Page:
2017 Top Report: The Health Effects of Cannabis
This report is on the best-seller list of the National Academies of Sciences, Engineering and Medicine. The full title of the report is The Health Effects of Cannabis and Cannabinoids: The Current State of Evidence and Recommendations for Research.
This surge in interest is kind of a big deal because it’s obvious people want accurate scientific information about the benefits of cannabis. Plus, of the 323 reports put out by these three academies, this was the only one downloaded most often. And, these academies are federal organizations established 150 years ago. Their jobs? Advise the nation on scientific matters.
As you can imagine, as government organizations, their report suggests being cautious when using cannabis and that more research is needed. But we already knew that.
In 1999, when cannabis was legalized in California, the White House asked the Institute of Medicine arm of the academies to “conduct a systematic review of the scientific evidence pertinent to the health risks and benefits of cannabis and cannabinoids.”
Surprise; the news was cautiously favorable for using marijuana for medicinal purposes. Not what the government expected—or hoped for.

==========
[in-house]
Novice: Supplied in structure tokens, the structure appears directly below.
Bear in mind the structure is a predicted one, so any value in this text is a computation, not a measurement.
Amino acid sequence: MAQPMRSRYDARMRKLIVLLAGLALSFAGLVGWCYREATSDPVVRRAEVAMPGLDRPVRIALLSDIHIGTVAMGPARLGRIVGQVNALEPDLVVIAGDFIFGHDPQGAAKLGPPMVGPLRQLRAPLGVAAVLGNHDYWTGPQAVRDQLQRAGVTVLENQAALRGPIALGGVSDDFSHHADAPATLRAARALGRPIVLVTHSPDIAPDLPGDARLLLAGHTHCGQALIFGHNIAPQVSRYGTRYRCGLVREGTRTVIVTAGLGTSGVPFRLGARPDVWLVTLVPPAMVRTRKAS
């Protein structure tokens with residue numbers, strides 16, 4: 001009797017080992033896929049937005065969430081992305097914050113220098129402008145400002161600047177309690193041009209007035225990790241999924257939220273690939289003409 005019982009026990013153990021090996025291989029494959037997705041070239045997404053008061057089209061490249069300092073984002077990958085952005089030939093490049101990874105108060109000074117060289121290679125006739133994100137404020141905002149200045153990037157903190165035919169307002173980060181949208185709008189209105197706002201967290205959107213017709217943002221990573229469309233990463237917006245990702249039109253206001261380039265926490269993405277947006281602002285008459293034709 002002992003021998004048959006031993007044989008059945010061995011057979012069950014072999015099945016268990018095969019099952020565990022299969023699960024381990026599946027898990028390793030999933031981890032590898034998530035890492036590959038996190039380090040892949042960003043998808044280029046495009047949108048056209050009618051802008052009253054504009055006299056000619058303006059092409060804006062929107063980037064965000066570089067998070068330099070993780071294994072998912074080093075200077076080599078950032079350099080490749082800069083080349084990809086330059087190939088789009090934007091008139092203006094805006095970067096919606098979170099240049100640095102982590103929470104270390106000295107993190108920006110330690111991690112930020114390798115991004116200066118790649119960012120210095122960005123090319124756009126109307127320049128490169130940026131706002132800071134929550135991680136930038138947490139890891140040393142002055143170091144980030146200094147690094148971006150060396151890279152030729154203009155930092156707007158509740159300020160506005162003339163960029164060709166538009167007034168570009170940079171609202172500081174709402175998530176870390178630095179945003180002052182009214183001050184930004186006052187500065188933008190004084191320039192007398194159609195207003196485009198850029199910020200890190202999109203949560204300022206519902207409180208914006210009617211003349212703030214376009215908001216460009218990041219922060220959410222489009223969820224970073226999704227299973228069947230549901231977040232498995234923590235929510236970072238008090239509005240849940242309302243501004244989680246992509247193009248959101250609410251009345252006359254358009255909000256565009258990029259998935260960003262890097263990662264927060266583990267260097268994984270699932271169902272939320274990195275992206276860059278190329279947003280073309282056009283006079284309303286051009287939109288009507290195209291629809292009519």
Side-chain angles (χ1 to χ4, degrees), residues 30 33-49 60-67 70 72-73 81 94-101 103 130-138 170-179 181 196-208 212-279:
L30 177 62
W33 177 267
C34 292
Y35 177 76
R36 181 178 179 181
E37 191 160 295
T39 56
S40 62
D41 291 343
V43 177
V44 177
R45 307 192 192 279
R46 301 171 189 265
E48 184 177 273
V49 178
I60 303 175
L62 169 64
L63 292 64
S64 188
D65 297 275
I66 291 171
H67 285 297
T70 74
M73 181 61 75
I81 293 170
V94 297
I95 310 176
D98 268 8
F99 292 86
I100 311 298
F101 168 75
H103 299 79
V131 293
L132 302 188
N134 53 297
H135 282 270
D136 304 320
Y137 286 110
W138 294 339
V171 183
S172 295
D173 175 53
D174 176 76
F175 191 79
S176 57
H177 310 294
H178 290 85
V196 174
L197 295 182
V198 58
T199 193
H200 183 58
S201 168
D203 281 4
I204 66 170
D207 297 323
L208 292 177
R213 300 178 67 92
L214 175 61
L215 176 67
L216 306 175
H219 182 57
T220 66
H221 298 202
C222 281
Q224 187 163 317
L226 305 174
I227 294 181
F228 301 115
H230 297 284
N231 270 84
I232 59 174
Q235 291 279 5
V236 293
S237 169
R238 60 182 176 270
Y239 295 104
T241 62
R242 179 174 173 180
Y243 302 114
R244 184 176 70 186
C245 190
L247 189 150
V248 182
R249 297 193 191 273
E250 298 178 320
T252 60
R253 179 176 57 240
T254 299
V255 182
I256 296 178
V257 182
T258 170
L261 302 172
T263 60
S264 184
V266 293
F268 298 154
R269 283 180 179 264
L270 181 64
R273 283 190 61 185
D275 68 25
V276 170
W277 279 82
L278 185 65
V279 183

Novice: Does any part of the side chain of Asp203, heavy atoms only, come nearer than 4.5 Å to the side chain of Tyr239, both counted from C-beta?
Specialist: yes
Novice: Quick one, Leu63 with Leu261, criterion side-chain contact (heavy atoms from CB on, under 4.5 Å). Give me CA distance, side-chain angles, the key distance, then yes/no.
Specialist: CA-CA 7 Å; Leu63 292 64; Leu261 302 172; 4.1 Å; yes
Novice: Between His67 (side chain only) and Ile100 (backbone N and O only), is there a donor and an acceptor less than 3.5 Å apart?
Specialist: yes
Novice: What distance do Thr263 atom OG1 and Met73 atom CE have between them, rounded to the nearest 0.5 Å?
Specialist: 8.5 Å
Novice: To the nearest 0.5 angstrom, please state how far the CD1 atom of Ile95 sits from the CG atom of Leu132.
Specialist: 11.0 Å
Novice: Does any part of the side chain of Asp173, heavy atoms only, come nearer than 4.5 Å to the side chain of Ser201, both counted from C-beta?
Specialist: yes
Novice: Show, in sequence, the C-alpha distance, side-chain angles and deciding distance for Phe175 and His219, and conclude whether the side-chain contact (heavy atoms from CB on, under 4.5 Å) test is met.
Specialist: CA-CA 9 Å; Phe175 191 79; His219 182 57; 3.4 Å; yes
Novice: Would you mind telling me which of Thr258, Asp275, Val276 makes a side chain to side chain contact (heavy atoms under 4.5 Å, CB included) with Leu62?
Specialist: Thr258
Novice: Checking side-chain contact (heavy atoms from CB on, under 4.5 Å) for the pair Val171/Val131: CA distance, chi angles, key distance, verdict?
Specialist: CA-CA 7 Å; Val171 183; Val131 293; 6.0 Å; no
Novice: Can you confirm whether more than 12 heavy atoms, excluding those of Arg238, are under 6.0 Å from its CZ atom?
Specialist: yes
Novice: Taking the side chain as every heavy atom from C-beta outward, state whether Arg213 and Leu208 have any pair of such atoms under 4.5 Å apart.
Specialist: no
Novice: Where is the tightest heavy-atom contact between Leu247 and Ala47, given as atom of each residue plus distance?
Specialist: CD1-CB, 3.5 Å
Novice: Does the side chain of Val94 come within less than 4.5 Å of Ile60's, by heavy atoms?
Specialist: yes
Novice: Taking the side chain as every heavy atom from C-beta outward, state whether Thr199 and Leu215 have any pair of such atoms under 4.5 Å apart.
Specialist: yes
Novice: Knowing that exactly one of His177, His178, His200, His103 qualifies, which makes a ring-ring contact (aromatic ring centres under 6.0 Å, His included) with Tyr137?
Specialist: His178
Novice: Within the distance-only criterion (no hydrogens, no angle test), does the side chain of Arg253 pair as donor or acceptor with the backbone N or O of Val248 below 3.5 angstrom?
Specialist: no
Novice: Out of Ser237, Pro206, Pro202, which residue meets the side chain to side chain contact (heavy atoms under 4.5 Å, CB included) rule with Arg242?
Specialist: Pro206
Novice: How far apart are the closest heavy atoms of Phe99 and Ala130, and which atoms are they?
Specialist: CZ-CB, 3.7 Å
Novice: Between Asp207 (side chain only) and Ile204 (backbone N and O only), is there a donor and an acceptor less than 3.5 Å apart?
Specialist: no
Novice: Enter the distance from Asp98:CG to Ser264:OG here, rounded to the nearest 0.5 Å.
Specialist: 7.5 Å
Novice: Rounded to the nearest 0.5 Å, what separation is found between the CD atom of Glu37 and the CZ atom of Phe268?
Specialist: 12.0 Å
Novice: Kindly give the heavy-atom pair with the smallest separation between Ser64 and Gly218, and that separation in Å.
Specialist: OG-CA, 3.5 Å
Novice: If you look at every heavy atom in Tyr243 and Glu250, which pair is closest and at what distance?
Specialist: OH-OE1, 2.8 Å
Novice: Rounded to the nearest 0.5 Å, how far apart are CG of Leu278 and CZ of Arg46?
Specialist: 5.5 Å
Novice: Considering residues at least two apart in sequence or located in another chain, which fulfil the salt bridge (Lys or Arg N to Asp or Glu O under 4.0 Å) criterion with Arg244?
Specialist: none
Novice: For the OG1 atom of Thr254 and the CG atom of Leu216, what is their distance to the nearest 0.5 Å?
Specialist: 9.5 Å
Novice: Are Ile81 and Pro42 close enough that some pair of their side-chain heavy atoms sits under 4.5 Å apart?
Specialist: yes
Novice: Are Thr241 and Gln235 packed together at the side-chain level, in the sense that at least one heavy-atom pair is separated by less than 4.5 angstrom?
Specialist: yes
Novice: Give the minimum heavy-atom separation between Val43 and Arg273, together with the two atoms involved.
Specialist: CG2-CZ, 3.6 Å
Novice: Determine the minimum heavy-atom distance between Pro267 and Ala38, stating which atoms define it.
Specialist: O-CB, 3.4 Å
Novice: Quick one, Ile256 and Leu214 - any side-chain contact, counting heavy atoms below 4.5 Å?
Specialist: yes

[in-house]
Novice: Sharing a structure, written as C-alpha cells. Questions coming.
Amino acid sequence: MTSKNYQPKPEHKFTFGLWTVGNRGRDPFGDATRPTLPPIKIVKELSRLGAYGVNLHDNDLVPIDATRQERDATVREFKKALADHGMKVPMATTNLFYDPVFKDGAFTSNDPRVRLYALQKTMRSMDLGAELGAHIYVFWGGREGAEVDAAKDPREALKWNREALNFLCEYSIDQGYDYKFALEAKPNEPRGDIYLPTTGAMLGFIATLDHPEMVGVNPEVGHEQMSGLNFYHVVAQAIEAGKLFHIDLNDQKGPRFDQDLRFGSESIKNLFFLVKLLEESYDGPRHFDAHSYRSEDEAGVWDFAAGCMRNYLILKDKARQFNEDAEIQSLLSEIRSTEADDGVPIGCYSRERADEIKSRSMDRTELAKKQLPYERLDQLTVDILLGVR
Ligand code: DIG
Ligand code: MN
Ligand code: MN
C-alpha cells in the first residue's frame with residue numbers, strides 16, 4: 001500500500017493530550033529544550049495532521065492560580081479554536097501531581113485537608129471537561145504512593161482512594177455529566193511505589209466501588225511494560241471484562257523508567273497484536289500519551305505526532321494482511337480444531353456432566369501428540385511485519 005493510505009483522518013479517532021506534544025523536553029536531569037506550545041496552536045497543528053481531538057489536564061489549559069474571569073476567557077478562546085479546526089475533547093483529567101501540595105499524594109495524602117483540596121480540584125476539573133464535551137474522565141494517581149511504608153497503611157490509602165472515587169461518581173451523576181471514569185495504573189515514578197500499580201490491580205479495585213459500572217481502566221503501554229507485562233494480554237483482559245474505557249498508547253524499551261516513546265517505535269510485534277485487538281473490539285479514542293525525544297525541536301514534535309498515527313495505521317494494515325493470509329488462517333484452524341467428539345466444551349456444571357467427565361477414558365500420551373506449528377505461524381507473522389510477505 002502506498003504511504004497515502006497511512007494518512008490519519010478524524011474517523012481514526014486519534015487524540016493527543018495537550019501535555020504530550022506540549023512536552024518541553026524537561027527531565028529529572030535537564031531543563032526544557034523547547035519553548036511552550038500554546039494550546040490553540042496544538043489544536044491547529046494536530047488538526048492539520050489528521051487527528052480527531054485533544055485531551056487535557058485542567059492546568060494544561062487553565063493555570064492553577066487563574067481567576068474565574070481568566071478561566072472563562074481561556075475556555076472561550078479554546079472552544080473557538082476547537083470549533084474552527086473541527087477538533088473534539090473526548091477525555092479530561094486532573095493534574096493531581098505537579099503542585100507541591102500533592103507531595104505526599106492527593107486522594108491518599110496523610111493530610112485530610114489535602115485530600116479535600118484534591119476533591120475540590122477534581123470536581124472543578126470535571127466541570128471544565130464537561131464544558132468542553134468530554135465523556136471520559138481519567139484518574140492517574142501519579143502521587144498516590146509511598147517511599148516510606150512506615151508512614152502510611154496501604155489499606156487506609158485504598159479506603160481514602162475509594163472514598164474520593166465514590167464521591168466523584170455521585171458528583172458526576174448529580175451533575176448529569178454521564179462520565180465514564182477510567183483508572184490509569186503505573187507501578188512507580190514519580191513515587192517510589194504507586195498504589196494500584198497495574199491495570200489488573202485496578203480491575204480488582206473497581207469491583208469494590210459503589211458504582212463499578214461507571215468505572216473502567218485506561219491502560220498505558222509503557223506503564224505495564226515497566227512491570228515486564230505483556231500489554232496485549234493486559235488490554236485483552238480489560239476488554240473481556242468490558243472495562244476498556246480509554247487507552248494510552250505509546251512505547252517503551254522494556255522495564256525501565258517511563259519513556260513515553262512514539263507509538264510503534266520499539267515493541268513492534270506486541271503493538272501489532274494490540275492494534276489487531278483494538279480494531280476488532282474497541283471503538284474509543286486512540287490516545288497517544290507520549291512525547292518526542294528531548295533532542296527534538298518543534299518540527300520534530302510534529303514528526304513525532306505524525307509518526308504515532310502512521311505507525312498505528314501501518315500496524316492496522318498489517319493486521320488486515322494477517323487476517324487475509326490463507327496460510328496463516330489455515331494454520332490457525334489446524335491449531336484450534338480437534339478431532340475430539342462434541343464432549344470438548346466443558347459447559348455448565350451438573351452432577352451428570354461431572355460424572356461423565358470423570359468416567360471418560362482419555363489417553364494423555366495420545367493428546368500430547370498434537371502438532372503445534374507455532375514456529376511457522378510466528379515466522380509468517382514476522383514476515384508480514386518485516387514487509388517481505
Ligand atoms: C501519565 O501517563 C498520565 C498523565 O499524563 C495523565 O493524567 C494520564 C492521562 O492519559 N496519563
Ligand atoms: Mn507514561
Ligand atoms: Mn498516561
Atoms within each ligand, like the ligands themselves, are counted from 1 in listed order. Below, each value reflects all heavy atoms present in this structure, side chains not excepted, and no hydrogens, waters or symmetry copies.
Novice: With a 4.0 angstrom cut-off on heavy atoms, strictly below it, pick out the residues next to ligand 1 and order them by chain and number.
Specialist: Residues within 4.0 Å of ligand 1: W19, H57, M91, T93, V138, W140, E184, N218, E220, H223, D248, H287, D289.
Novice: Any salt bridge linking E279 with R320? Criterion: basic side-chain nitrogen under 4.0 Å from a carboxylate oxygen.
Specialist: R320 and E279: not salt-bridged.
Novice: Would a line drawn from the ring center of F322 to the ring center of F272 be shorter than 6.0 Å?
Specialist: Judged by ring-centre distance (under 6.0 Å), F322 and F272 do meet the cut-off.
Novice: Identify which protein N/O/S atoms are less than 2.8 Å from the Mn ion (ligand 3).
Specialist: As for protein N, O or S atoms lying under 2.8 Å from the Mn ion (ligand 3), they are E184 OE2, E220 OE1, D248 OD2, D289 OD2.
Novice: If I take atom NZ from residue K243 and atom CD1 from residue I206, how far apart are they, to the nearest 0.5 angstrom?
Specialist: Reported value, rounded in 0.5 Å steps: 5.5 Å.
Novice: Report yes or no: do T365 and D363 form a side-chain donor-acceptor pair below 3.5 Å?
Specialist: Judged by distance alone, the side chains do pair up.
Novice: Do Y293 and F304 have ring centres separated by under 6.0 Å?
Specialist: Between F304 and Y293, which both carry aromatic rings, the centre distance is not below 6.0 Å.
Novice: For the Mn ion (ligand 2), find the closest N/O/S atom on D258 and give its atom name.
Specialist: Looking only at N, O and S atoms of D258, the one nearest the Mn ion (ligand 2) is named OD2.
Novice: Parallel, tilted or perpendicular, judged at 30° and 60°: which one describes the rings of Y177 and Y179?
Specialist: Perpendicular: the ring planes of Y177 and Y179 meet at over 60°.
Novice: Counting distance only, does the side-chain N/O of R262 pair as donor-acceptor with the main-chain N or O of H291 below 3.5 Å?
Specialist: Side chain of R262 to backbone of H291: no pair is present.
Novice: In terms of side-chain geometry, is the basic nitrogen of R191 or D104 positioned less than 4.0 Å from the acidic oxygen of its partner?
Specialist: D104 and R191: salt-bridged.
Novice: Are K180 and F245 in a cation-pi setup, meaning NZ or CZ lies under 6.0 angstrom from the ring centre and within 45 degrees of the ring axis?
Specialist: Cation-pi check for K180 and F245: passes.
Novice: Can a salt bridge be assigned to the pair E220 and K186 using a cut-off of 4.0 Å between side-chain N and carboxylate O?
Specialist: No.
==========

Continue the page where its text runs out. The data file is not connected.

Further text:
Revisiting the original report, academy researchers also reviewed 10,000 subsequent cannabis articles and reached nearly 100 varying conclusions. Three of those were supported by conclusive evidence that cannabis is beneficial for:
- Nausea and vomiting associated with cancer chemotherapy
- Chronic pain in adults
- Spasticity in multiple sclerosis
But, there are also roadblocks to studying cannabis, mostly because of the government’s silly classification of cannabis as a Schedule 1 narcotic, which means it’s difficult to get the right kind of cannabis to study. Also, among other things, the studies need funders, which they don’t have.
The report, press release and a subsequent Leafly article, which takes a pretty deep look at the report, are interesting and worth reading to learn more. Research is vital to finding out what cannabis can do for various medical conditions, but unfortunately, the barriers thwart that possibility. For now.
Although those who already use cannabis will probably not stop, scientific evidence of its value will be the key to making it more widely available so everyone can reap the benefits.